Vaccine efforts surge with 100,000th dose given at Richmond Raceway

George Copeland Jr. | 4/8/2021, 6 p.m.
For Antwon Agee, the 34-year-old Richmond nurse expected a routine couple of hours last Saturday helping the Richmond and Henrico …
Tom Leonard, 65, owner of Tom Leonard’s Farmer’s Market in Short Pump, holds up his sleeve as nurse Antwon Agee administers his second shot of the Pfizer vaccine last Saturday. Mr. Leonard received the 100,000th dose of the vaccine given at clinics at the Richmond Raceway. “I feel pretty special today,” he said. Photo by Regina H. Boone

For Antwon Agee, the 34-year-old Richmond nurse expected a routine couple of hours last Saturday helping the Richmond and Henrico County health districts vaccinate people at Richmond Raceway, as he has for the last month.

For Tom Leonard, owner of Tom Leonard’s Farmer’s Market, he expected to be just one of many people age 65 or older who would get their second vaccine dose. It would the final dose of protection against a virus that has claimed some of his friends in Connecticut and New York and that led to sweeping changes at his store.

But Saturday wasn’t any normal day.

Mr. Agee found himself administering the raceway clinic’s 100,000th vaccine dose — to Mr. Leonard — a landmark in the area fight against the pandemic.

“I’m very grateful to be here to have my second shot,” Mr. Leonard said following his vaccination. “I’m pretty excited about this.”

Mr. Agee was surprised at being selected to handle the inoculation, but was more than happy to take on the role as a way to help vaccination efforts and as a sign of the trust shown by local health officials to choose him to administer the dose.

“It felt great getting a little recognition for helping the community,” Mr. Agee said. “I’m just really appreciative that they chose me to give the 100,000th dose.”

Saturday’s mass vaccination clinic was set to vaccinate 6,000 people across two events held at the raceway that day, according to Zach Zellner, incident commander of all vaccination efforts at Richmond Raceway.

The landmark dose is a major sign of how the operation has grown in the last two months the site has been used for mass clinics run by the Richmond and Henrico health districts. It also comes at a moment of transition for vaccination efforts in Virginia, as the state prepares to expand vaccine eligibility to all adults on April 18.

The 100,000th dose wasn’t the only notable event Saturday. The Richmond and Henrico health districts held their first drive-thru clinic for people with disabilities and their caregivers at the Virginia Department of Wildlife Resources’ office near St. Joseph’s Villa in Henrico County.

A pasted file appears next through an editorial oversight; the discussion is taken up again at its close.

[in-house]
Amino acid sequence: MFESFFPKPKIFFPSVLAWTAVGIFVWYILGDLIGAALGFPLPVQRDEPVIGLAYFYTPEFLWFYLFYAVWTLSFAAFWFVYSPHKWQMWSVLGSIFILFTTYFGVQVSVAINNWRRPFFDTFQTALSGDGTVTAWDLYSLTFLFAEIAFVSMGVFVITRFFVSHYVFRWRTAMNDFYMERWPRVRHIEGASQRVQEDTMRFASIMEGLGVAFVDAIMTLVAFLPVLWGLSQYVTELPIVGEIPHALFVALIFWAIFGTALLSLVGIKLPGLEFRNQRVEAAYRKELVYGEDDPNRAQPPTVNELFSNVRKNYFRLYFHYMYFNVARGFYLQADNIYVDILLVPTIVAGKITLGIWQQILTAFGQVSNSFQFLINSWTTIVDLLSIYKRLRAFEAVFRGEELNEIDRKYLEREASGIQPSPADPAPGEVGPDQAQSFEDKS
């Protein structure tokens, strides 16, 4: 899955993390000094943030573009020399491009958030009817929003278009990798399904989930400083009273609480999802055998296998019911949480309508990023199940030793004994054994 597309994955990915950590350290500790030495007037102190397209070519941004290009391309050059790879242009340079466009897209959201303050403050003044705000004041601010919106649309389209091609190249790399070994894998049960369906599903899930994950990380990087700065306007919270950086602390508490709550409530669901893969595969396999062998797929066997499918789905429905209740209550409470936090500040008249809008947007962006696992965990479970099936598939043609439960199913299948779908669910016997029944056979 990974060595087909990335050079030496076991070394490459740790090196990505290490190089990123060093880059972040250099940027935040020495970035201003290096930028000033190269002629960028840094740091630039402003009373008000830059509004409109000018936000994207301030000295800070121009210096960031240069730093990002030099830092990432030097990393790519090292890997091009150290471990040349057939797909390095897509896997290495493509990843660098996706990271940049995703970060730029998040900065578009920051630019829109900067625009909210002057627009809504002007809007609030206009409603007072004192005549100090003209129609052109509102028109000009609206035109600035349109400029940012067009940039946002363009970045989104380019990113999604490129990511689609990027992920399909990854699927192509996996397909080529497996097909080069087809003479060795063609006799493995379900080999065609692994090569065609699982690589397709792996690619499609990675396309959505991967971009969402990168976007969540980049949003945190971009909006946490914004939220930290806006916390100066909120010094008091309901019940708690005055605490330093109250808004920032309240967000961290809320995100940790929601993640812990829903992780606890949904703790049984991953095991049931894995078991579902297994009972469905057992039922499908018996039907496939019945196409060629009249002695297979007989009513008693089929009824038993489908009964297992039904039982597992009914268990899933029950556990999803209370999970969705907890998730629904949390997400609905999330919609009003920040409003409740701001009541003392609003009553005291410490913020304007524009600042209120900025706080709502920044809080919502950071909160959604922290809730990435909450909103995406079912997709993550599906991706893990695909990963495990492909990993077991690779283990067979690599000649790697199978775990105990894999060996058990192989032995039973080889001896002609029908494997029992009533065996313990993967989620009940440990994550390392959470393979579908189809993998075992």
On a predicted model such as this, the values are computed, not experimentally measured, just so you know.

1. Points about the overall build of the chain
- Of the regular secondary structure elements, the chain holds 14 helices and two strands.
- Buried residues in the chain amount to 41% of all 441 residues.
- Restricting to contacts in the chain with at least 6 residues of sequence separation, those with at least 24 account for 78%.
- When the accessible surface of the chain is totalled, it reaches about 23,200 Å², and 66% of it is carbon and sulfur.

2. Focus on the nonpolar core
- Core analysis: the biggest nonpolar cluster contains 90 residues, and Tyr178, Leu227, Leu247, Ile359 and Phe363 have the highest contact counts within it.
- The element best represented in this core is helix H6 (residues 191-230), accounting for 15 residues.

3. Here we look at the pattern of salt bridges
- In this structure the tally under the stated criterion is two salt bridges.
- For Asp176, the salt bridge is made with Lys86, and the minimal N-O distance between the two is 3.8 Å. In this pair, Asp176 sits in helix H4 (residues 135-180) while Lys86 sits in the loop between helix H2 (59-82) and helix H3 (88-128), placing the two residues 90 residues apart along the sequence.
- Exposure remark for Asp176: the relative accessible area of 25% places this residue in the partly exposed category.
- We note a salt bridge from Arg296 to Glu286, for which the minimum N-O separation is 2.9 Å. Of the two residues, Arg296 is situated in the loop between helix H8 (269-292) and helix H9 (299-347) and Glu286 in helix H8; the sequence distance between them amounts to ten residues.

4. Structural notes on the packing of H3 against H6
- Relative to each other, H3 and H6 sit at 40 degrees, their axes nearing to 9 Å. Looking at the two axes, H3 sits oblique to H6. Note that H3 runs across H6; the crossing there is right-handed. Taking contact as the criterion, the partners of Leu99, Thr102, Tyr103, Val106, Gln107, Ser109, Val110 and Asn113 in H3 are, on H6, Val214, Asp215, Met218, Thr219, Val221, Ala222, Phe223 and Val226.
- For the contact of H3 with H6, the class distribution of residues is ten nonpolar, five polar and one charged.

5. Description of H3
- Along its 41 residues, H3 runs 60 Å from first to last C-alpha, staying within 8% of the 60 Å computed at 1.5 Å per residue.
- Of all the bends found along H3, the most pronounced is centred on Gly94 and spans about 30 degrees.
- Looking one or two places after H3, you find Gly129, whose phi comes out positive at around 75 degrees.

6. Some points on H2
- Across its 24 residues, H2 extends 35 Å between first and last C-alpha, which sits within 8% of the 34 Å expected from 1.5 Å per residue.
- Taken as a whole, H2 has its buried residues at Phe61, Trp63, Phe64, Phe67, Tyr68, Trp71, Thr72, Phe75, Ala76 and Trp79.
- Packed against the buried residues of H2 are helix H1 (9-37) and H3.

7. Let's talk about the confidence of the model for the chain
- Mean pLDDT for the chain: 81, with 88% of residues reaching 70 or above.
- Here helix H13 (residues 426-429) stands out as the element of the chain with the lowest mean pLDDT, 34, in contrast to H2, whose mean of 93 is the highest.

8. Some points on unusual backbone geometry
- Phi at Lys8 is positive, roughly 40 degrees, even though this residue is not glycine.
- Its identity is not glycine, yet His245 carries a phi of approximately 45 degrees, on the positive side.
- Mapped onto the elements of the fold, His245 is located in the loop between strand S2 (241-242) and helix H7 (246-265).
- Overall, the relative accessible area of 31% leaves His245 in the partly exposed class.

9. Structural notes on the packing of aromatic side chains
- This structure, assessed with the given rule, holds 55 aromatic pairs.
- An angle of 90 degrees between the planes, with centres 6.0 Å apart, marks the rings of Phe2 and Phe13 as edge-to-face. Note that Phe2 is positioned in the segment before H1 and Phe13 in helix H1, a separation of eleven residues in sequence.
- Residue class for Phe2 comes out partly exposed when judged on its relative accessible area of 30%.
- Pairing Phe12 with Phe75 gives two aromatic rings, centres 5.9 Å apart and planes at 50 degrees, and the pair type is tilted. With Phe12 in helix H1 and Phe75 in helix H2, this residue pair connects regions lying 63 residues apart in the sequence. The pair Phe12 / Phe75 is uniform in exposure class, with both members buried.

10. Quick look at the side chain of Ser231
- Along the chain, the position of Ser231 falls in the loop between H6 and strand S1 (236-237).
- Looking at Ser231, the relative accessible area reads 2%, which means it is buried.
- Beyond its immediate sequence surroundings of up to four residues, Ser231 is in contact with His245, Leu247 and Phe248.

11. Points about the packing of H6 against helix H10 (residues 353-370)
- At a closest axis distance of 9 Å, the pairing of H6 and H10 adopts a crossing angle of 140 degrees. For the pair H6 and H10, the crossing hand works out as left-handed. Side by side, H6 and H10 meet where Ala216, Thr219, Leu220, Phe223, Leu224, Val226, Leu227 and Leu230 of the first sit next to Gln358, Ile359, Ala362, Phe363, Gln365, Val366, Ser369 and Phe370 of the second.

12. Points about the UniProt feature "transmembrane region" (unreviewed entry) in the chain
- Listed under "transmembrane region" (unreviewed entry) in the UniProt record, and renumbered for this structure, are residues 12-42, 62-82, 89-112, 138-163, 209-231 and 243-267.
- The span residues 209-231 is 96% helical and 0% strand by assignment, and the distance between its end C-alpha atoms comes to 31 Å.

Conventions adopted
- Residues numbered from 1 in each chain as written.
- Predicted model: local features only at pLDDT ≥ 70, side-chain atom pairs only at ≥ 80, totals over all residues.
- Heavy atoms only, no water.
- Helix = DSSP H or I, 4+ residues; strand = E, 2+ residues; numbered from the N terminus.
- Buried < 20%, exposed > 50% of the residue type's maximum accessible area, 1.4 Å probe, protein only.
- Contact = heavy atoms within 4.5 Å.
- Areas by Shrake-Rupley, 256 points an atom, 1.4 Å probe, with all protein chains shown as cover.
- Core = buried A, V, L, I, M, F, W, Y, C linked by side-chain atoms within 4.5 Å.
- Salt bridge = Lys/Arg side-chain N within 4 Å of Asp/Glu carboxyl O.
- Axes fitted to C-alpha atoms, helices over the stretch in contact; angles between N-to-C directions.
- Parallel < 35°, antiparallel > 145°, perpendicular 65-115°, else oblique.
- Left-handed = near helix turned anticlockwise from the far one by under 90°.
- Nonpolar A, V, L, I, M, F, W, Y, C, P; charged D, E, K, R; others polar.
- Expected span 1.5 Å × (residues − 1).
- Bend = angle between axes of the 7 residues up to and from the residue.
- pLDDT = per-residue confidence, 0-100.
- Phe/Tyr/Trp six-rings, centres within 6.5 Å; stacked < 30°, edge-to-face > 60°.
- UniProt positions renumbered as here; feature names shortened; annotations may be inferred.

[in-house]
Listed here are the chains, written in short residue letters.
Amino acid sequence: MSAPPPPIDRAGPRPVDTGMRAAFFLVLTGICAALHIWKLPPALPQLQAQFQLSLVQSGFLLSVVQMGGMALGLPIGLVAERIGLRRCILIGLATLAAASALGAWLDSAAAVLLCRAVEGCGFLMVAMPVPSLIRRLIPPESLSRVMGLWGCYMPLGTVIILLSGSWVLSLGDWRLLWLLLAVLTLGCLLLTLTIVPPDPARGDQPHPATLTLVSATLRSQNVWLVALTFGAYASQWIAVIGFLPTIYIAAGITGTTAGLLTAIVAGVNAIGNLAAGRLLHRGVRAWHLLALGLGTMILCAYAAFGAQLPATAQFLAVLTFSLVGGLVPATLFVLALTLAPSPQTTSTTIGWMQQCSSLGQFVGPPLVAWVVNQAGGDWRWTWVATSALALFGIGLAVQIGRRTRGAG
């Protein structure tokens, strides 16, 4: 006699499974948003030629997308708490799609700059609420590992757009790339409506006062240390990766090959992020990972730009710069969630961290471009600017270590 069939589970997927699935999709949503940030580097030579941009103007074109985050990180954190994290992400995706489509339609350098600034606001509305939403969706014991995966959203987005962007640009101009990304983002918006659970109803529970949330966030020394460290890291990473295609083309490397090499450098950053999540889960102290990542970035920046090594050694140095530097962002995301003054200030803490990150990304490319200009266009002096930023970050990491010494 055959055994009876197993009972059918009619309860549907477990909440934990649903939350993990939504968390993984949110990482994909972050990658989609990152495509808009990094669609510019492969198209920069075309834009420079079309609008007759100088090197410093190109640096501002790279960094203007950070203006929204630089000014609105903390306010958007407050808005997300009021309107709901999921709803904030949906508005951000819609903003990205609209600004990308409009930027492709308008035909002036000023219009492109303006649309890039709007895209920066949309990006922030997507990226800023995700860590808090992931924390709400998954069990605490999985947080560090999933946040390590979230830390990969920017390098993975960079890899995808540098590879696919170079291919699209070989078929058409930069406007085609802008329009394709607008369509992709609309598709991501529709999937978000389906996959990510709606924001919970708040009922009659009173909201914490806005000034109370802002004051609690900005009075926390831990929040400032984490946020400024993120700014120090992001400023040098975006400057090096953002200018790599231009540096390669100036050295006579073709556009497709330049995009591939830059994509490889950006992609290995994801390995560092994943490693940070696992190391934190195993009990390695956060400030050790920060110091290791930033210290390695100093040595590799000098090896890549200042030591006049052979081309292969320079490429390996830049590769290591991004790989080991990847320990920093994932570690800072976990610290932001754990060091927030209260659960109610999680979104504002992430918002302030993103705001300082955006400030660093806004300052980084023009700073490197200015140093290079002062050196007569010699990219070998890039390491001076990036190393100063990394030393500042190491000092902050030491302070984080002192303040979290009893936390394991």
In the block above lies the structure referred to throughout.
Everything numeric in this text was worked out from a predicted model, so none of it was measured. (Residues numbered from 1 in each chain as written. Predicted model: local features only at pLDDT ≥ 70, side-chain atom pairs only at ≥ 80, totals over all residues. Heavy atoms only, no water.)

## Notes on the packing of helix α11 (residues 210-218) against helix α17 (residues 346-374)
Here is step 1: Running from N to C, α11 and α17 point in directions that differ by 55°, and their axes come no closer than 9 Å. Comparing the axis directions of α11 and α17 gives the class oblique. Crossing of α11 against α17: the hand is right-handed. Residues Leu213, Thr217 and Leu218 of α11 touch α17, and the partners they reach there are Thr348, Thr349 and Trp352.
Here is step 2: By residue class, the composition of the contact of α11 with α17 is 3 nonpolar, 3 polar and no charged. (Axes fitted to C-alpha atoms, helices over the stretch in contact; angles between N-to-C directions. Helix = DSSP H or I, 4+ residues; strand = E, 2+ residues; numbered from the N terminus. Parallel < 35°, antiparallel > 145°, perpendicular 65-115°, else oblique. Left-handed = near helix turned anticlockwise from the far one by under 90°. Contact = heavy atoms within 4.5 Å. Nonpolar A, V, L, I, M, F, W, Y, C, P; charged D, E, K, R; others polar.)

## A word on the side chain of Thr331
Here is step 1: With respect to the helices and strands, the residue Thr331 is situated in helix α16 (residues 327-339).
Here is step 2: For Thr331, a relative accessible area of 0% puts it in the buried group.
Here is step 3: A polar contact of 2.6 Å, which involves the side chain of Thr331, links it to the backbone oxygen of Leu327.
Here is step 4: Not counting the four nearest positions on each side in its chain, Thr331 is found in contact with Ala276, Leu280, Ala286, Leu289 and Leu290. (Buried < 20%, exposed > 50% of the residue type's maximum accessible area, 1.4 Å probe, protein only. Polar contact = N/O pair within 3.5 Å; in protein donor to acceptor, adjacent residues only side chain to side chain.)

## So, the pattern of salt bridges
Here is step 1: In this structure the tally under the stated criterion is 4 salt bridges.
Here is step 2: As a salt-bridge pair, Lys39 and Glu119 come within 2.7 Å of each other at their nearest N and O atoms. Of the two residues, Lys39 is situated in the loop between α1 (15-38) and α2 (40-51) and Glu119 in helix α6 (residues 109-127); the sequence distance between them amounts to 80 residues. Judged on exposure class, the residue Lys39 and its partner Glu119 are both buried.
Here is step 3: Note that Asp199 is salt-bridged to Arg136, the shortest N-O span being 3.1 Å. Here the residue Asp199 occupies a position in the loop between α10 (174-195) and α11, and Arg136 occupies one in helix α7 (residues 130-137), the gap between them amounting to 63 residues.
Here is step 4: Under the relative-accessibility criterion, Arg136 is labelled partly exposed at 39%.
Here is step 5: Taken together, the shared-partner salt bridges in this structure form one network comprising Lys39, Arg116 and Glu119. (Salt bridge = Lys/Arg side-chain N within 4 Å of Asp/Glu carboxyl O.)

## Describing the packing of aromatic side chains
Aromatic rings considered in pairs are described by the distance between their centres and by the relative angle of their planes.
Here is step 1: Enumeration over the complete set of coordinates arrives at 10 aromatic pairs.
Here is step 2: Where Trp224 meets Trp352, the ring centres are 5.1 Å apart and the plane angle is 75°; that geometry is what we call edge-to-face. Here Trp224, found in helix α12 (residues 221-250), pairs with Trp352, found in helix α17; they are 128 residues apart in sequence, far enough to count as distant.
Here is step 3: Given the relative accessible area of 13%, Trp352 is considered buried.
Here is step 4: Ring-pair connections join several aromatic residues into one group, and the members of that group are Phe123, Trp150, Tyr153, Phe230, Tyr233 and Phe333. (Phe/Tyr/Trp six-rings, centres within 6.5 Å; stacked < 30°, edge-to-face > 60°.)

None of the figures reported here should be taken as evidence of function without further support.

According to Joanna Cirillo, a public health nurse supervisor for the health districts and their operations chief for COVID-19, the clinic was organized weeks earlier with the aid of several local organizations, including SOAR365 and Resources for Independent Living. The goal was to provide an avenue for vaccination that would avoid any potential issues individuals with disabilities may face at other clinics.

In total, 130 people pre-registered and, with favorable weather and a supply of Johnson & Johnson’s one-shot vaccine, the health districts’ “pit crew” approach to vaccinating people in their cars and vehicles proved to be a smooth operation.

“This is perfect because some of our participants might be in a wheelchair, or there might be behavioral issues or mobility issues,” said Sharon Yates, a registered nurse with SOAR365. “So for them to come here and they don’t have to get out of their car has just been wonderful.”

Shanna Jones went to the drive-thru clinic with her fiancé, Terrell Whitehead, so they could be vaccinated along with her son, Shakur “Dre” Spells, 25, who has autism.

Sitting in their car following their injections, the three were calm and collected as they waited out any side effects. It was a tranquil moment for a family that has experienced some unease during this time. Ms. Jones’ 14-year-old daughter briefly had the virus. She is too young to be vaccinated.

Ms. Jones admitted she initially was hesitant to get the vaccine and had turned down earlier opportunities for her son and family to be inoculated. But the more she researched vaccines, the more her fear subsided, she said.

“I’m a lot more confident,” Ms. Jones said. “It was important for me to protect” her son. “And that means protecting us to protect him.”